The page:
How to increase a child's appetite

Updated February 21, 2017

Parents are often concerned about a growing child's appetite, as children can be finicky eaters. A child may have lost his appetite for many reasons. Parents can use different tricks to encourage their child to eat. Certain foods can also be introduced into a child's diet that will naturally increase her appetite.

Realise that a short-term loss of appetite in a child is not uncommon. Stress or a change in routine can decrease a child's appetite, as can sickness. Some children even use food as a control factor and will make eating an issue with a parent, though they are not actually losing their appetite. Many doctors also note that a child's appetite will slow when they are not going through a growth spurt.

Use certain tricks to encourage a child to eat. While these do not increase appetite, they can often work with a finicky eater. The first tip is not to make meal time a struggle with children. As mentioned previously, some children use food as a control technique. Children will often be more apt to eat if foods are presented in different patterns or colours. Sandwiches can be cut out with cookie cutters to make them more interesting. Some parents even put broccoli on top of potatoes and tell the child they are trees on the top of a mountain. Another option is to start out with smaller portions. If a child eats the small portion, offer more.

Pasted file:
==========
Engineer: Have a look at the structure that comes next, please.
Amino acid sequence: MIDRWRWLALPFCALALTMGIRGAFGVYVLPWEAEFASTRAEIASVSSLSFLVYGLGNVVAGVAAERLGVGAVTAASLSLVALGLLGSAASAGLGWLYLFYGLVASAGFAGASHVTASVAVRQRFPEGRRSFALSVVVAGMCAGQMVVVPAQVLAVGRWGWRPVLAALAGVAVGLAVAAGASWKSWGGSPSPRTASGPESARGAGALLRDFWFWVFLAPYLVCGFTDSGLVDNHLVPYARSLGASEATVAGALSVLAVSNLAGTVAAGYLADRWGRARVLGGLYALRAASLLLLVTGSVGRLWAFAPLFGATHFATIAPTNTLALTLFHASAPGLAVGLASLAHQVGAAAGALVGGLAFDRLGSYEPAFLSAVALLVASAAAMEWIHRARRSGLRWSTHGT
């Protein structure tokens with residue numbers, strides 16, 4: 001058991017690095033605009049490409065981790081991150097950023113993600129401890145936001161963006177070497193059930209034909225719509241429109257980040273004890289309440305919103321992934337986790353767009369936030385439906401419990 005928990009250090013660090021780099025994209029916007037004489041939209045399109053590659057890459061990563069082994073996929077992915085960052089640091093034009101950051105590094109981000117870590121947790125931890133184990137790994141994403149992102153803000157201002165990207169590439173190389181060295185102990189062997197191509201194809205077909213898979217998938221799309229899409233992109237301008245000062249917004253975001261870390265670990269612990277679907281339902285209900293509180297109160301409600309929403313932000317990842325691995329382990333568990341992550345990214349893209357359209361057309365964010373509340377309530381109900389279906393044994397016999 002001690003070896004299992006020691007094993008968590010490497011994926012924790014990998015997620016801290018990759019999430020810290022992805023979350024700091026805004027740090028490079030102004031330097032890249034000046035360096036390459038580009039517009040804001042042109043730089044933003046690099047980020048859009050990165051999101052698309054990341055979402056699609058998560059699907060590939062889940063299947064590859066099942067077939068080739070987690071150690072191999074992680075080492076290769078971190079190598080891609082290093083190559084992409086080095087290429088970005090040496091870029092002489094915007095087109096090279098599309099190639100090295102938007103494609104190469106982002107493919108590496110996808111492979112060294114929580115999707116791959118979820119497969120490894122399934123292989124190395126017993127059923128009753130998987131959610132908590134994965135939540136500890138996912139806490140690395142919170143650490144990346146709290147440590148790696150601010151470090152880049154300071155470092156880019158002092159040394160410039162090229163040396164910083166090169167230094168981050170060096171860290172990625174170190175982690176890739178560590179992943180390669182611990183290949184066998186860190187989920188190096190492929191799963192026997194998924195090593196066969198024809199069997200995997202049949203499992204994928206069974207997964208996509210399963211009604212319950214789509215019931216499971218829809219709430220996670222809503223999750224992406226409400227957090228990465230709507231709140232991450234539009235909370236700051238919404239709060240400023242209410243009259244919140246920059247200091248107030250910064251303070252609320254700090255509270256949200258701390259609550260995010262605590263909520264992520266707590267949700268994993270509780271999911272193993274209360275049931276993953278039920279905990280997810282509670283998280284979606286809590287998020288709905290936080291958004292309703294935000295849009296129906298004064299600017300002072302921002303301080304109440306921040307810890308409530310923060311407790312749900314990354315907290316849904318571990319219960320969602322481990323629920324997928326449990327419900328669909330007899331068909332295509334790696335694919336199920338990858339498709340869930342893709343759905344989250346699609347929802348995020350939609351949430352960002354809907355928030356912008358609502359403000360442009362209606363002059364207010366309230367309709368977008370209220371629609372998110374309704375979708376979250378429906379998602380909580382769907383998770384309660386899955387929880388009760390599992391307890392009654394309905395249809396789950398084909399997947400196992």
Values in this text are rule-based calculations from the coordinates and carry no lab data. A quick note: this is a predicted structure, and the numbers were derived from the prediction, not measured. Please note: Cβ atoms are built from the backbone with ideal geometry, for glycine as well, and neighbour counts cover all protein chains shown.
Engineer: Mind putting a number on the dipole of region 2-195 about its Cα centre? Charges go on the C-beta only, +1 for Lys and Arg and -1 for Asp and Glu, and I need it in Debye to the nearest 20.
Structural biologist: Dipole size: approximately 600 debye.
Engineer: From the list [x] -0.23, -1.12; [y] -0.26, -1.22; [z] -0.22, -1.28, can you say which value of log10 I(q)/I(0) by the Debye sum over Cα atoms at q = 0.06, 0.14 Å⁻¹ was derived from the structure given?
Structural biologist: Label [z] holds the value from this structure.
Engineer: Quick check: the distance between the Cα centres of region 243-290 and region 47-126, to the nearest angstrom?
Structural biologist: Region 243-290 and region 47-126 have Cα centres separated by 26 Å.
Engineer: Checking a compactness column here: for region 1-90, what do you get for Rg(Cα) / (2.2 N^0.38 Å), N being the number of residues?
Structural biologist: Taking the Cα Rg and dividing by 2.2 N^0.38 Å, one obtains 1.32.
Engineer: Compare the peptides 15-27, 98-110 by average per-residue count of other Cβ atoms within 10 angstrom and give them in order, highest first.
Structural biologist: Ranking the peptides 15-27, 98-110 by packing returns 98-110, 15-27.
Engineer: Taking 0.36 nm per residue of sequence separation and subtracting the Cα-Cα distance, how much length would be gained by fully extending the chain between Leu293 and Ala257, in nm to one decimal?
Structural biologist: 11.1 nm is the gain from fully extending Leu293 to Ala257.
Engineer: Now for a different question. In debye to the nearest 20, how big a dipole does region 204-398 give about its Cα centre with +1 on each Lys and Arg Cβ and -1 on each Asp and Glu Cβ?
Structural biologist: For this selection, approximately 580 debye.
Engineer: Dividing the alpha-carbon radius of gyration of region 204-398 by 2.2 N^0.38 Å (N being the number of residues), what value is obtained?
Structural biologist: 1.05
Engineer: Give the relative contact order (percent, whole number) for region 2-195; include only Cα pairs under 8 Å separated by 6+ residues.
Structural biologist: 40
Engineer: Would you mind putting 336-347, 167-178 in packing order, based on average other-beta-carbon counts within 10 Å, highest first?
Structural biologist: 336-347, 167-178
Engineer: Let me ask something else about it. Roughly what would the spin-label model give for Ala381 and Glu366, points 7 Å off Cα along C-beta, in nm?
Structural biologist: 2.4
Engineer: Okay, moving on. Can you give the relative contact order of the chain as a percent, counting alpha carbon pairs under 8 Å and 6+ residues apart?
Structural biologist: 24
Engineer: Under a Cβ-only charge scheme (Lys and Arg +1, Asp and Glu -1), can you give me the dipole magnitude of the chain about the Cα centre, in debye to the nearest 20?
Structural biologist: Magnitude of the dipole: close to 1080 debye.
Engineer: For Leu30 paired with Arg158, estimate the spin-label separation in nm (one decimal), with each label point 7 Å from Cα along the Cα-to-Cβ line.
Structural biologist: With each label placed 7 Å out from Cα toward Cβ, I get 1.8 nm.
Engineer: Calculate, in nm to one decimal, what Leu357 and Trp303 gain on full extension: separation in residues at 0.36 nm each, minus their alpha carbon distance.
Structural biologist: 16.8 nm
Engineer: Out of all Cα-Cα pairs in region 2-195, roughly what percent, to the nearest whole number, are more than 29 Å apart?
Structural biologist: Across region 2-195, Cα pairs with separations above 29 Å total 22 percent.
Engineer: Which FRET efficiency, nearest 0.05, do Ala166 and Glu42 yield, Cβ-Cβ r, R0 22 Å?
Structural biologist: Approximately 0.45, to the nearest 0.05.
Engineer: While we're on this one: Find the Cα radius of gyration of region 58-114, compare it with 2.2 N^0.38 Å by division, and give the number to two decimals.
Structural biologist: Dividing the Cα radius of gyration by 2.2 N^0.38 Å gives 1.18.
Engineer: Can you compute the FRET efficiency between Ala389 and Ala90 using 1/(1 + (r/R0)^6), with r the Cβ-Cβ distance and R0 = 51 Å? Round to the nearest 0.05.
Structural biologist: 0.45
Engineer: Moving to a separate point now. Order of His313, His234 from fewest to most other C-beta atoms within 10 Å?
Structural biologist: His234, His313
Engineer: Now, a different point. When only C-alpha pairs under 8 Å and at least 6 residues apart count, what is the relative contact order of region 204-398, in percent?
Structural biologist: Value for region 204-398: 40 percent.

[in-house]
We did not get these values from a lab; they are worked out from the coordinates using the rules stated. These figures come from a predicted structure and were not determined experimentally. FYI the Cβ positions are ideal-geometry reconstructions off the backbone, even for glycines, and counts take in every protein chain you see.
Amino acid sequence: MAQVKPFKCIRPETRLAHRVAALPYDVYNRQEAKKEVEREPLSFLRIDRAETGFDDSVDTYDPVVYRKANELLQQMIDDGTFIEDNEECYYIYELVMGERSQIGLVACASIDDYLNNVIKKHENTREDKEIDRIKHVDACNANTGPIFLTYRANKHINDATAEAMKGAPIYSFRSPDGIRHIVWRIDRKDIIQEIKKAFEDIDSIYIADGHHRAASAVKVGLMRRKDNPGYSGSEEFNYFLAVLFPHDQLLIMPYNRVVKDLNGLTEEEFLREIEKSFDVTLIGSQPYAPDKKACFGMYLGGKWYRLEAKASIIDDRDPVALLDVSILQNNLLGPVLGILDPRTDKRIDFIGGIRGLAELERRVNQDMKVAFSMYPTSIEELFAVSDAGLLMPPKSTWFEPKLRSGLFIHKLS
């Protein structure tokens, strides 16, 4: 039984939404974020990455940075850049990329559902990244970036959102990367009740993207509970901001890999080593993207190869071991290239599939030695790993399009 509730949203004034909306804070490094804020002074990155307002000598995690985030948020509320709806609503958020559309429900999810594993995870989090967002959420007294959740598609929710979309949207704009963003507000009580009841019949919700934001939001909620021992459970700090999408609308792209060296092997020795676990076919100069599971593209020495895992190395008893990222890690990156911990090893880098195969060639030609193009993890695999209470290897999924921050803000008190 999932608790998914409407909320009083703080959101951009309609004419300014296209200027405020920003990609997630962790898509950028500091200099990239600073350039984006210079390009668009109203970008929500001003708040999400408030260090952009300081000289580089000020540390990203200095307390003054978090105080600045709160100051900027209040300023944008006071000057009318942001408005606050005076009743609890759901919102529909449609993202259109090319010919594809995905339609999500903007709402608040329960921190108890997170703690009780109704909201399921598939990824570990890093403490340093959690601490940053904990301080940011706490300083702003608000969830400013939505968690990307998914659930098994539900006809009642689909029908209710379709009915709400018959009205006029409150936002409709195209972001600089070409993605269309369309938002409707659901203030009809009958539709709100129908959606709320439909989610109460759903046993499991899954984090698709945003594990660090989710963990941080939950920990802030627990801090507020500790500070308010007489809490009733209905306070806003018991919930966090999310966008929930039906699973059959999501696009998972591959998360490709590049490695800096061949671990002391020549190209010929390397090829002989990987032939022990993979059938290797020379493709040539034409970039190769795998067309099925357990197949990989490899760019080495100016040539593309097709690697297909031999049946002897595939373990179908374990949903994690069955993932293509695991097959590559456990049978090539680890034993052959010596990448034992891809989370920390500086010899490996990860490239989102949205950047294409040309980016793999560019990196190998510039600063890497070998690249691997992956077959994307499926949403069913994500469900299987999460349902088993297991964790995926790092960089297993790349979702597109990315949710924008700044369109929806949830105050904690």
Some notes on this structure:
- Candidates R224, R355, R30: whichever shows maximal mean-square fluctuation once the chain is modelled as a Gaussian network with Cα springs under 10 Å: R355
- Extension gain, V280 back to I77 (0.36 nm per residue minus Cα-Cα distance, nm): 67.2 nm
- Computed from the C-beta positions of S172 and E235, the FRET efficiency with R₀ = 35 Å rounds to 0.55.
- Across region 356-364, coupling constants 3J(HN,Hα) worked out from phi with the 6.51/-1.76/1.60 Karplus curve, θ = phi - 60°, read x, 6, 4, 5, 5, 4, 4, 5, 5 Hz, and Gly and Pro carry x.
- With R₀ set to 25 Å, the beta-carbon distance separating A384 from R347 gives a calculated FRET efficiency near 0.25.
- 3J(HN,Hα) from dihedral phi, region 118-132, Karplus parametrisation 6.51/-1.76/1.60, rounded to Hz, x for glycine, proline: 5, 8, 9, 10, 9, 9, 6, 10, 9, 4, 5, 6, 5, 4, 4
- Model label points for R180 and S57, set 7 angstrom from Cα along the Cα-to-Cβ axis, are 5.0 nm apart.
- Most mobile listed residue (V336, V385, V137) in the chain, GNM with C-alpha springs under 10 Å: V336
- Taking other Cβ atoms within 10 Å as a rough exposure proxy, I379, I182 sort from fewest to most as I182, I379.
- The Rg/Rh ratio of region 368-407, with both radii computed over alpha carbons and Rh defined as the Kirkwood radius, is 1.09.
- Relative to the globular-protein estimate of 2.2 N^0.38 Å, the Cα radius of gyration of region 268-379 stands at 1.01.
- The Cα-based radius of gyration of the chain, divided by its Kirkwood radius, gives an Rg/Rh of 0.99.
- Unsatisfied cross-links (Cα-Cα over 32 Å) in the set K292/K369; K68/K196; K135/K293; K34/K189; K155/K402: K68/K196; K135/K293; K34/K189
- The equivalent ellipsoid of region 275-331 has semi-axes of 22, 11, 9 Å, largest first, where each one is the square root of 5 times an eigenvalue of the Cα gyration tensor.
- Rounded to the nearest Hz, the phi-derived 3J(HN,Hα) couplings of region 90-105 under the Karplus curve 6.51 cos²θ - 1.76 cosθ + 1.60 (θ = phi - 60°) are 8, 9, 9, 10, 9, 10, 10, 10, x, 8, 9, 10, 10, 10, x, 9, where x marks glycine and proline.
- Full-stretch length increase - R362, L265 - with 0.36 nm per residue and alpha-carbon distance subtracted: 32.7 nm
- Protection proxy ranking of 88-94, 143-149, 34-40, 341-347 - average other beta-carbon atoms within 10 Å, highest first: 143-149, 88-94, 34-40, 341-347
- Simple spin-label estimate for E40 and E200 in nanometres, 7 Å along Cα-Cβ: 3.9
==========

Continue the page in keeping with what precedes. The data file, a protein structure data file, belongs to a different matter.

Limit liquids. How much liquid children consume depends on their age. However, most children should not consume more than 177ml of liquid at a time. Drinking too much milk can decrease appetite due to the fact that milk contains a lot of calories. It is best to serve milk with meals instead of as a snack. Also, try to serve meal liquids after the child has eaten so she will not fill up on liquids first.

Limit snacks. Many times, parents will try to force their child to eat and are not aware how many snacks he has eaten during the day. Experts suggest limiting the child's snacks to two a day and to space them in between meals rather than just before mealtime. Of course, snacks should be nutritional, such as fruit or cheese, rather than chips and cookies.

Serve foods that actually increase a child's appetite, such as complex carbohydrates like fruits and vegetables. Also, sprinkling parsley on foods increases appetite. Ginger has also been shown to increase hunger.

Add foods rich in niacin and thiamine, which research shows can increase appetite. Some foods rich in niacin are breakfast cereals, peanuts and wheat bran. Foods rich in thiamine include cantaloupe, eggs and long grain rice.

Things You'll Need

  • Cookie cutter
  • Complex carbohydrate foods
  • Niacin-rich foods
  • Thiamine-rich foods
  • Parsley
  • Ginger
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